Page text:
Obama signs Iran sanctions into law

Israeli businessmen urge American companies to boycott Teheran.

July 2, 2010 03:39
3 minute read.
Obama speaks during a joint news conference with F

Obama chops 311. (photo credit: Associated Press)

After years of congressional efforts, sweeping new Iran sanctions will become law Thursday night when US President Barack Obama signs the bill on his desk.

The legislation affects the gasoline, financial, insurance and shipping sectors, among others, as it seeks to impose a heavy economic cost on Iran for continuing with its nuclear program.

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The bill attempts to bar foreign countries from exporting refined petroleum to Iran, as well as restrict access to American financial institutions for any entities that help Iran’s Revolutionary Guard Corps. It also seeks to choke off investment, technology and development of Iran’s energy sector, and makes it easier for states and localities to divest from companies that do business with Iran.

The measure was passed overwhelmingly by the Senate and House last week ahead of the July 4 recess. Sponsors described it as the toughest ever to target Iran.

Though the Obama administration had expressed some reservations about the details of the bill, its main concern was that the move would disrupt its own efforts to get a new sanctions resolution through the UN Security Council. Once that passed last month, lawmakers seized on the opportunity to build on the framework by putting through the unilateral US measure.

Though the White House didn’t get as much latitude as it was seeking, it will still have the ability to determine how aggressively the sanctions are pursued and enforced.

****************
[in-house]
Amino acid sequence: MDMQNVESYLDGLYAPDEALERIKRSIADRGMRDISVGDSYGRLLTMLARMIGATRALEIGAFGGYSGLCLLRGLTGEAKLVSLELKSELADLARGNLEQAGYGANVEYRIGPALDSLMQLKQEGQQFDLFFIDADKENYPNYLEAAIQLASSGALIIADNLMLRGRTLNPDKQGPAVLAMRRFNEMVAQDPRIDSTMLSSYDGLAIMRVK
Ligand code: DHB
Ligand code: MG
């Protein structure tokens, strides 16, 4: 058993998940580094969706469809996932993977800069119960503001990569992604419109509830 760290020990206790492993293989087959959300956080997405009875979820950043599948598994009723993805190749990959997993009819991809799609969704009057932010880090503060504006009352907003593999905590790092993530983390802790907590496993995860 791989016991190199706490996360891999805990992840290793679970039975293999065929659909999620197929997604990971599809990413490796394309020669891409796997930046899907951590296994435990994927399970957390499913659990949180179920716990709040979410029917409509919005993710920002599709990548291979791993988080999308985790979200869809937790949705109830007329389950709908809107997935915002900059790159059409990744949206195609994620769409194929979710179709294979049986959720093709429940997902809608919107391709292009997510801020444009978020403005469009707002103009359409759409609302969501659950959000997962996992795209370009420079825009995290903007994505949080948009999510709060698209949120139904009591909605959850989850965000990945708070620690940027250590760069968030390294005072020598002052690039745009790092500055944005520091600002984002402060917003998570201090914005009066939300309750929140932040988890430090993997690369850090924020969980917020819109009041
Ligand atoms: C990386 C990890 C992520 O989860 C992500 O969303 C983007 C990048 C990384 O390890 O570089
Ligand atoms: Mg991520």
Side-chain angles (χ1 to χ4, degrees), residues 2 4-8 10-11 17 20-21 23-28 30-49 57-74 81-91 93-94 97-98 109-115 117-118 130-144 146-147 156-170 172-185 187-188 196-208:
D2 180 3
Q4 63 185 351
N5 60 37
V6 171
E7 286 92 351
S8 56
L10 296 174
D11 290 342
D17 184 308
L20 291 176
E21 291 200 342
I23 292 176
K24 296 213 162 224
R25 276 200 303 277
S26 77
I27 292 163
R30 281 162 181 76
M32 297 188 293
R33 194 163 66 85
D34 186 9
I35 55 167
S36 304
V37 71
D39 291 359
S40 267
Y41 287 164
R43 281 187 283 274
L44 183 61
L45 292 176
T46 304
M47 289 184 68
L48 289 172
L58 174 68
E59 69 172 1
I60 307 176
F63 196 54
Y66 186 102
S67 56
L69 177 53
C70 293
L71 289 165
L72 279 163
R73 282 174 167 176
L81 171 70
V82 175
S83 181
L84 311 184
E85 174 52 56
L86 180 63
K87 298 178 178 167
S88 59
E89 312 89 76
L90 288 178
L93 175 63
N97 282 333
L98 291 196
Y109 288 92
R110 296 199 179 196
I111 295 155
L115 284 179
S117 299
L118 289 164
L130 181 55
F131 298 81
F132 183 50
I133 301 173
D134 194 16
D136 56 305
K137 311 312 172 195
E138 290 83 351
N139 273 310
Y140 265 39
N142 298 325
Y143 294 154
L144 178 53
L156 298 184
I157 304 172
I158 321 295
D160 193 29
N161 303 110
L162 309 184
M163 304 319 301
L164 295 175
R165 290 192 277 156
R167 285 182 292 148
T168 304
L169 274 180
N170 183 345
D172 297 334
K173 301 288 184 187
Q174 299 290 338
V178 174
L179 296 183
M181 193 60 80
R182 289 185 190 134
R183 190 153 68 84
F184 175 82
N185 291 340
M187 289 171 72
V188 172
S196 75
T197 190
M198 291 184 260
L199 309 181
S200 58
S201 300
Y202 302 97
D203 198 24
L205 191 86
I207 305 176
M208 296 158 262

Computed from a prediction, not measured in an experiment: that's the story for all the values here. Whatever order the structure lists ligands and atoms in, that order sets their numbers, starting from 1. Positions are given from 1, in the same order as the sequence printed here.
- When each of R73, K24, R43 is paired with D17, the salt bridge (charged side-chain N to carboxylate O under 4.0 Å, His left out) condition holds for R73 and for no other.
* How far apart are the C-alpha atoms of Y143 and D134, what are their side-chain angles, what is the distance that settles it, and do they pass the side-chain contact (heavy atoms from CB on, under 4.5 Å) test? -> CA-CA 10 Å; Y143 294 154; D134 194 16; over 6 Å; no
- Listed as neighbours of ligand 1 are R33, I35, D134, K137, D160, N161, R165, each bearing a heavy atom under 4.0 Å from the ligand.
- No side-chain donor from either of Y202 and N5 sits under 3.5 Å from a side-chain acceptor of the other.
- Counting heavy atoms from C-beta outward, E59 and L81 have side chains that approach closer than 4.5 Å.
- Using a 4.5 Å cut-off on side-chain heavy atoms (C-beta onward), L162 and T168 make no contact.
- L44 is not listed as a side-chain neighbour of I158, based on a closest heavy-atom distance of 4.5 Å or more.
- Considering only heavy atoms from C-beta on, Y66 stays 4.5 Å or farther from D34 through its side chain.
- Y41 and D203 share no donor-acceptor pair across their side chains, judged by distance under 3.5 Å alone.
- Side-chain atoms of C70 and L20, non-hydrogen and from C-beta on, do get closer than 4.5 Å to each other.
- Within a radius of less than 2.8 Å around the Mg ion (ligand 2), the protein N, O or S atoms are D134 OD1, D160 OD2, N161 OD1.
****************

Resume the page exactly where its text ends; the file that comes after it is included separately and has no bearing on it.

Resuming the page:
American Jewish groups have enthusiastically welcomed the legislation, as has the Israeli government.

Israeli businessmen to companies: 'Pull out of Iran completely'

Meanwhile, a group of Israeli businessmen wrote letters on Thursday to dozens of companies blacklisted by Iran for being “Zionist” or “Jewish-owned,” declaring that the companies must respond by pulling out of Iran completely. The letters will be sent over the weekend.

Iranian President Mahmoud Ahmadinejad signed a new amendment to a law forbidding the airing of advertisements for “Zionist companies” on Wednesday. The list of companies includes many American and international corporations with branches in Israel, such as Coca-Cola, Nestle, Intel and IBM.

Ahmadinejad said that in an effort to support the Palestinians, he would propose similar laws in international forums, including the United Nations, the Arab League and the Muslim Forum.

The group of Israeli businessmen, led by financial strategist Shai Baaton, said the proper way to respond to the blacklist was for the companies to boycott Iran completely and see how long Ahmadinejad’s regime could last without Coca-Cola and computers.

“Ahmadinejad is the Hitler of the 21st century and is the first dictator of the century to adopt such blatantly anti-Semitic policies,” Baaton said. “Any enlightened person, and especially any Jew who continues dealing with Iran, is a traitor to the Jewish people and the democratic principles of the free world.”

'Companies should boycott Iran out of self-respect'

Baaton said the companies should boycott Iran not only out of good judgment and values, but also out of their own self-respect. The president of the Cashflow colleges that promote financial independence, Baaton initiated a boycott of companies that do business with Iran last month.

He also sent a letter to Finance Minister Yuval Steinitz urging him to implement a bill passed by Prime Minister Binyamin Netanyahu two years ago that requires Israel to divest from an as-yet-unwritten list of companies that do business with Iran.

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